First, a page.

The CIA monitors social media activity around the world from an unassuming warehouse in Virginia.
As many as 5 million tweets, Facebook status updates, blog posts, comments, radio and television stations – anything that is made openly communicated – are tracked by a government agency set up in response to the 9/11 Commission’s report.
“Vengeful librarians,” as the agents at the Open Source Center are called, are trained to look at social media activity in various languages, on various platforms, from various countries.
The agency gauged public opinion after the U.S.-led attack that killed Osama Bin Laden, by tracking online activity across the Middle East. The agency also predicted uprisings in Iran, Egypt and elsewhere in the region.
In places where media is biased, stifled or forced out of publication, the agency is able to use social media updates to gain access to new information. Agents are placed globally, in U.S. embassies, to help keep a closer eye on certain areas.
Tweets can’t be attributed to location, so experts at the agency cross-reference the language used with the content of the message to determine a more specific location, according to the report.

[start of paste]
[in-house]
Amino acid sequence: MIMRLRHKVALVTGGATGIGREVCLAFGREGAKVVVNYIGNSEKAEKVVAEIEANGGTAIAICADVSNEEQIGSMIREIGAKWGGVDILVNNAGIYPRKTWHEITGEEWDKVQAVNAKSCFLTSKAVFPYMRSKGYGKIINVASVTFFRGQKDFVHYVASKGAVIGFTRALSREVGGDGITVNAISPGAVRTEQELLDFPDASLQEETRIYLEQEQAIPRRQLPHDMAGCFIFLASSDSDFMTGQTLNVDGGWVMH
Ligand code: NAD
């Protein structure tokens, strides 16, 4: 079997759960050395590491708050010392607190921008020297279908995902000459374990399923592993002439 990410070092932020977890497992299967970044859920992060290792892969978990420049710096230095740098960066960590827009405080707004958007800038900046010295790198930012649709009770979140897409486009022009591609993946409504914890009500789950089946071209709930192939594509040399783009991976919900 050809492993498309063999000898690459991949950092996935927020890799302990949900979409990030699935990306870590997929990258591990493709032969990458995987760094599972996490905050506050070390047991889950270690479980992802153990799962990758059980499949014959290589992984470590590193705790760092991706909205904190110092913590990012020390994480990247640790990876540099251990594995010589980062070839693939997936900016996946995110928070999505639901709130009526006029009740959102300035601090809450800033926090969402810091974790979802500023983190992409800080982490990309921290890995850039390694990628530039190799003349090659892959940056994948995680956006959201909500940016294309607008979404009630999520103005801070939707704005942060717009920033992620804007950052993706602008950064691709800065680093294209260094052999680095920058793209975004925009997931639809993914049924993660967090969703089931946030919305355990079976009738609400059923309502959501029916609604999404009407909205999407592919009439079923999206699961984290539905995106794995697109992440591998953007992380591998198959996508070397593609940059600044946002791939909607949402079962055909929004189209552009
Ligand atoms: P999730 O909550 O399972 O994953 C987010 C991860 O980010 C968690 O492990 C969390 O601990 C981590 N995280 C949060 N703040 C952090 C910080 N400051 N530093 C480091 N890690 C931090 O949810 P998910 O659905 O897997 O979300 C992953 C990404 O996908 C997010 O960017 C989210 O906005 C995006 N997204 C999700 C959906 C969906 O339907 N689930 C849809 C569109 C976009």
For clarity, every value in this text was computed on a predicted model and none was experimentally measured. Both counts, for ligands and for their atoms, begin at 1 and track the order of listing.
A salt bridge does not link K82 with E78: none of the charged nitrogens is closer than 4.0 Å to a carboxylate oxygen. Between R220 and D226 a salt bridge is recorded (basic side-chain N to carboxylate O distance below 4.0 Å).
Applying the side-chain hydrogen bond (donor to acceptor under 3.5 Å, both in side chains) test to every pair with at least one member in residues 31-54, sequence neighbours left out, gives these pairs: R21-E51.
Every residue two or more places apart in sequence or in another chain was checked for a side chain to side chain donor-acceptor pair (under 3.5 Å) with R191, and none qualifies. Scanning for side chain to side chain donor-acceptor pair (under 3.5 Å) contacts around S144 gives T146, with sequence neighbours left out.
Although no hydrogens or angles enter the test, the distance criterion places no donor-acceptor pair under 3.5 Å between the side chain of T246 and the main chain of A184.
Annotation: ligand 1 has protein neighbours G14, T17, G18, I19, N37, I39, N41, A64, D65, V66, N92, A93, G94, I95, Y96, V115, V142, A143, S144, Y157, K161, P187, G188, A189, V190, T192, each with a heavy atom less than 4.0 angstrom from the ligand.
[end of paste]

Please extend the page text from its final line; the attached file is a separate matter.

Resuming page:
In cases where the agency must rely on civilian reports, agents use the limited media reports, available intelligence and social media trends to determine whom among the informants they can trust. The report said that social media users tend to correct each other, so the best information is usually cultivated communally.
The decision to focus on social media sites was born out of the Iranian elections of 2009. Agents were able to pinpoint which group dissented against the re-election of Mahmoud Ahmadinejad through the language-Farsi-used in social media.
It is unknown how long the agency has been working, but the 9/11 Commission, whose findings created this agency, was set up in late 2002, according to the Associated Press.